Long-term control and prevention of dental disease requires regular home care. The best way to begin this is to accustom your pet to accept handling of the mouth and brushing of the teeth from an early age. Dental home care may include:

  • Brushing teeth daily – just like us! This is the best form of dental hygiene that you can implement at home. Pet toothbrushes and toothpaste are now readily available, in a variety of flavours depending on your pet's taste. Please do not use human toothpaste formulas on your pet as they are not designed to be swallowed and may be toxic. By introducing teeth brushing early and gently, your pet should come to accept this as part of their daily routine.
  • Feed your pet a special dental diet. This can help reduce the accumulation of tartar by acting as a mechanical cleaner to remove built-up plaque.
  • Use dental toys, enzymatic chews, or teeth cleaning biscuits, all of which may help keep the teeth clean. Raw bones can also help, but you must take care to ensure the bone is big enough to be chewed on rather than being swallowed.

Regular and frequent attention to your pet's teeth may avoid the need for a professional dental clean under anaesthetic, and will also improve your pet's overall health.

What does a professional dental clean involve?

A dental clean is the same as a scale and polish done by a dentist for us. However, unlike us, your pet won’t sit still or open their mouth to allow a comprehensive cleaning of their teeth willingly. For this reason, pets need to have a general anaesthetic for a professional dental clean.

Your pet will need to be assessed by your veterinarian before coming in for a dental clean.  The degree of dental disease will be assessed to determine if extractions, antibiotics or anti-inflammatory medications will be required. The assessment may also include a physical exam, blood tests and urine tests to ensure they are healthy prior to having an anaesthetic.  Once anaesthetised, we give the teeth a thorough cleaning using specialised dental equipment.  Any plaque or tartar is removed using an ultrasonic scaler, then the teeth are polished smooth to help prevent further build-up of plaque.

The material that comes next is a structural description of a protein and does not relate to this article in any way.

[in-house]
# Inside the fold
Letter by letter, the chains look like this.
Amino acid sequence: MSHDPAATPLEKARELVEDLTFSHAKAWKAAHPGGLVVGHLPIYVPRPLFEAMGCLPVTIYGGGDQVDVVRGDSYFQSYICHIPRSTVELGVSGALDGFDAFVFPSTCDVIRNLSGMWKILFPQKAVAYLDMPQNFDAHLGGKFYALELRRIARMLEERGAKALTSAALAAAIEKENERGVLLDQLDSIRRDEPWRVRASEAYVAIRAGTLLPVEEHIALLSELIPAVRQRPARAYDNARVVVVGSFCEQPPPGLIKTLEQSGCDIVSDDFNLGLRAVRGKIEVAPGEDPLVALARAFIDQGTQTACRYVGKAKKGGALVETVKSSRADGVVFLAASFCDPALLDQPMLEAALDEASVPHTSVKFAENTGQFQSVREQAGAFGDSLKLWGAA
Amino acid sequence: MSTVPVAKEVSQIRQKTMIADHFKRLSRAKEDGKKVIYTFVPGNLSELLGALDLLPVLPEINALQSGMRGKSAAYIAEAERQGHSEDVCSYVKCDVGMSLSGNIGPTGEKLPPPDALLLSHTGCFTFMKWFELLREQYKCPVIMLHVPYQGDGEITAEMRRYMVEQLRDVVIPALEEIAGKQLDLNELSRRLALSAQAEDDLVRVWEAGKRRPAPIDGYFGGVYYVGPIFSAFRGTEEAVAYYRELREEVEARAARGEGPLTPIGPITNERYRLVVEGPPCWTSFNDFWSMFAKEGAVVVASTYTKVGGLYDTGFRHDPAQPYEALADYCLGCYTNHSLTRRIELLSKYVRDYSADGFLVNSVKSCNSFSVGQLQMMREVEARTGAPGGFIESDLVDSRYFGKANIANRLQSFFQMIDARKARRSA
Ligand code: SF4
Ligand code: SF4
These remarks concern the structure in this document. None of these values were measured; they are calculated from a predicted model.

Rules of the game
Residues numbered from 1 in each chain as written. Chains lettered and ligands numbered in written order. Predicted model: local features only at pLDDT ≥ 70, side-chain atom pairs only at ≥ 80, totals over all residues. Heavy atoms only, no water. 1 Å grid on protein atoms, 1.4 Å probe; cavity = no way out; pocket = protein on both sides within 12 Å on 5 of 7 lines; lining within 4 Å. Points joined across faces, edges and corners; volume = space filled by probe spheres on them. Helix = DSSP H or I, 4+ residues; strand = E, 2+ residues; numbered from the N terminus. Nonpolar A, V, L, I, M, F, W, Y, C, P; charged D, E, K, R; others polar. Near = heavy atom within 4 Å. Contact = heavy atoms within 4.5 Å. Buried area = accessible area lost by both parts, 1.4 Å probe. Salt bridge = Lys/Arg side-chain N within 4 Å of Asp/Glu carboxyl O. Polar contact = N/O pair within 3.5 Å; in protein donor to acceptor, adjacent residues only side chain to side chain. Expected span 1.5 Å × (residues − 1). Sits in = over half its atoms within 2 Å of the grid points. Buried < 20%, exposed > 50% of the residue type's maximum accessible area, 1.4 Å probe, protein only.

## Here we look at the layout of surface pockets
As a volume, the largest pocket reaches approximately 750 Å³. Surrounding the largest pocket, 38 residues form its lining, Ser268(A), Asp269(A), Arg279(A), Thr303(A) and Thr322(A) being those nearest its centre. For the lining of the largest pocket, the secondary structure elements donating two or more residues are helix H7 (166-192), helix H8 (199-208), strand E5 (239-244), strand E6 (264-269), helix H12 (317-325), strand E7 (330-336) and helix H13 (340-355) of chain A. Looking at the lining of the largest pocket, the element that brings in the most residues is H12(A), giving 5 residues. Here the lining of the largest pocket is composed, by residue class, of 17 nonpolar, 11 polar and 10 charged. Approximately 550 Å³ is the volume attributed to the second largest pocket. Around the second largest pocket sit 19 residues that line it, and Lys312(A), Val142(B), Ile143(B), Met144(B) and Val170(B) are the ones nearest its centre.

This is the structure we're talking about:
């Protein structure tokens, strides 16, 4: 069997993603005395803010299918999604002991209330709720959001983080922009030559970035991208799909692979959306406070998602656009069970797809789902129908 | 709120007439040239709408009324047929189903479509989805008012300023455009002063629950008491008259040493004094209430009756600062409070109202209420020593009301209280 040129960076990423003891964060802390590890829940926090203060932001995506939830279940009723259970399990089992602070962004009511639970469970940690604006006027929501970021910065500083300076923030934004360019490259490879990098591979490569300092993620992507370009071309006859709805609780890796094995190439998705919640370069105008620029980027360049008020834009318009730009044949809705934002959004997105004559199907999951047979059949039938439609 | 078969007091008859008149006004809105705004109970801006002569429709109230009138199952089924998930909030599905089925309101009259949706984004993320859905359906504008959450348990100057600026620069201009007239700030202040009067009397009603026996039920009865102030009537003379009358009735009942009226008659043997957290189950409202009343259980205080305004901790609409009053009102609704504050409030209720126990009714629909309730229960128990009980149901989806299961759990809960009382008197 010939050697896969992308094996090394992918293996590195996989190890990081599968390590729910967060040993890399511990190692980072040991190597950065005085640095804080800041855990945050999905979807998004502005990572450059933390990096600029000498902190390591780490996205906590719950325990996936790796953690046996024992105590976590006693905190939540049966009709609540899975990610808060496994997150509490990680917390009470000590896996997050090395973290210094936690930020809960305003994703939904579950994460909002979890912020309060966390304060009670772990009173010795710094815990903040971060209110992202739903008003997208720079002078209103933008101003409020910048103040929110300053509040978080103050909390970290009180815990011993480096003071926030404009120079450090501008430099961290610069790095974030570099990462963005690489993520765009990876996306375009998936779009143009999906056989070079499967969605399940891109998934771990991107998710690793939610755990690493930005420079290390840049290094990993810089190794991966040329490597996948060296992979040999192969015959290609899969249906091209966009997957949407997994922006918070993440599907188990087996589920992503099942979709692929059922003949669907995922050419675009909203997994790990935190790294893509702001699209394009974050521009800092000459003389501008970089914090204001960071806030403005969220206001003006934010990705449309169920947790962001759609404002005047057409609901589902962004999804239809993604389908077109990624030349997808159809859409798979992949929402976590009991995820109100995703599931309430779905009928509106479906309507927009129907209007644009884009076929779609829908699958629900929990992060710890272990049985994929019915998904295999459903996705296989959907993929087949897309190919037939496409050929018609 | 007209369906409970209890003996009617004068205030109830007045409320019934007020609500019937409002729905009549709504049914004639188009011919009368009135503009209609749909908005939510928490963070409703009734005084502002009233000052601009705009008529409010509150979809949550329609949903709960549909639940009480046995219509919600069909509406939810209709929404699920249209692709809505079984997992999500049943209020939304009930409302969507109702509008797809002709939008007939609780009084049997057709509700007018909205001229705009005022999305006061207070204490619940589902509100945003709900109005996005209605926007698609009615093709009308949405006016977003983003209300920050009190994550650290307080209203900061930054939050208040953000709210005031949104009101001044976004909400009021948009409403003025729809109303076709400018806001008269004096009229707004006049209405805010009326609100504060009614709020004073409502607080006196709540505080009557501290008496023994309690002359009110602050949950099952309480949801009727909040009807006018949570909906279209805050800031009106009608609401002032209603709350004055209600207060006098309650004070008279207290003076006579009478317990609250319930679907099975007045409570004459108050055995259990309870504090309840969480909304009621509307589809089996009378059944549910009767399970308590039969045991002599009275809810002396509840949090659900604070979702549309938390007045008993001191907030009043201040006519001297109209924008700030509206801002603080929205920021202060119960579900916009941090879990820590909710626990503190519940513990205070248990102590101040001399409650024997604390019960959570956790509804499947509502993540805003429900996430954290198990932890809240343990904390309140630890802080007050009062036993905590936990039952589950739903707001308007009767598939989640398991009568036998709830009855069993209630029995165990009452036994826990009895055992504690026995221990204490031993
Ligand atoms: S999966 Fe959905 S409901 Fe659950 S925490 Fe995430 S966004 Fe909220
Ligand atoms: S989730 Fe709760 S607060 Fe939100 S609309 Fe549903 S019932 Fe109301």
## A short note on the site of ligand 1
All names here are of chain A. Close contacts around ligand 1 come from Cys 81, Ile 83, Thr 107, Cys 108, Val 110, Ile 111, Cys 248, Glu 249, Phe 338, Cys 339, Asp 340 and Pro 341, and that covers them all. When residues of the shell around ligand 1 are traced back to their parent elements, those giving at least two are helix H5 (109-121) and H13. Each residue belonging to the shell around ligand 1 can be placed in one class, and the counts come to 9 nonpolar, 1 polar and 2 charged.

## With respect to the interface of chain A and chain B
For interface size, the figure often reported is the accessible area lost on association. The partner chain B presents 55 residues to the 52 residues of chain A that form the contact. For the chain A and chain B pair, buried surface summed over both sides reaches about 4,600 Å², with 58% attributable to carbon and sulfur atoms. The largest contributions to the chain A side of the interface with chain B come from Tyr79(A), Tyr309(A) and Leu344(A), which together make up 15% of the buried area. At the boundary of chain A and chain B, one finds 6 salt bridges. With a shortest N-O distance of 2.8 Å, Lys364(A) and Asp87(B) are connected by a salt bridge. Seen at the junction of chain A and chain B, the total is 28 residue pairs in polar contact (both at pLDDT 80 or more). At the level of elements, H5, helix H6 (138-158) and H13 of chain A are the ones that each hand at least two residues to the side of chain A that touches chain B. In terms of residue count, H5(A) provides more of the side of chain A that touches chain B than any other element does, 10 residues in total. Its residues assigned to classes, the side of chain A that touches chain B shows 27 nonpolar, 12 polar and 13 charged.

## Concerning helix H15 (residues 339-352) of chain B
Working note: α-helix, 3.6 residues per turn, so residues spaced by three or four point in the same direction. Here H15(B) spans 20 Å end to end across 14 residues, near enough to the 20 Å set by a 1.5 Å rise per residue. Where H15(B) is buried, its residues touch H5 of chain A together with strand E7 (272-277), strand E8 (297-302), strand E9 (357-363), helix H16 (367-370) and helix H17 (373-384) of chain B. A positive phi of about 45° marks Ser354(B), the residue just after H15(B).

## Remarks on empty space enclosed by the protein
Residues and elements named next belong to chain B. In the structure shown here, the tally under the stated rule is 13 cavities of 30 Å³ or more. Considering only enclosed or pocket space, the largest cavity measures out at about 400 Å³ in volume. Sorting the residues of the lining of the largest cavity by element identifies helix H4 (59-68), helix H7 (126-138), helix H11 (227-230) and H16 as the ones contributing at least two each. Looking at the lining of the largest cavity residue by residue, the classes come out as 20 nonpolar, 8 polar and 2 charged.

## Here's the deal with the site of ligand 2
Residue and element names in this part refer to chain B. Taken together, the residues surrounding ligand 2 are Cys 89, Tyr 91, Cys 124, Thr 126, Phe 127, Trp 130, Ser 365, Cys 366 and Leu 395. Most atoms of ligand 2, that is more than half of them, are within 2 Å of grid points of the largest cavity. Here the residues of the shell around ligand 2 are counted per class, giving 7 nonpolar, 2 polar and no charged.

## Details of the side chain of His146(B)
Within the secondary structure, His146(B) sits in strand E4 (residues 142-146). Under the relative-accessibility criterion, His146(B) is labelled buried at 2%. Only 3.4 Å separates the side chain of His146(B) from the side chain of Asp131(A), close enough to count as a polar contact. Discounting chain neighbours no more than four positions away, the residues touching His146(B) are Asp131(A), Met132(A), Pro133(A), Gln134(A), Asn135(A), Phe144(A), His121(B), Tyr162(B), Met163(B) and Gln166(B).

If periodontal disease is severe, and there is loss of tooth attachments or the tooth is loose, extractions will be needed.  If this is required, your pet may also need to have some dissolvable stitches placed to close the gaps left behind following the extractions.

When your pet goes home, your veterinary nurse will also discuss methods of reducing dental disease in the future.  You will have a revisit appointment with either a nurse or veterinarian about 1 week after the dental to ensure all is healing well and to discuss a plan for future control of dental disease.  You will then go onto our dental program, with 6 monthly checks to monitor your pet's teeth and to help you prevent further dental problems in your pet.
If you have any questions about dental care or professional cleaning please do not hesitate to contact your veterinary clinic.


Our clinic will look after your cat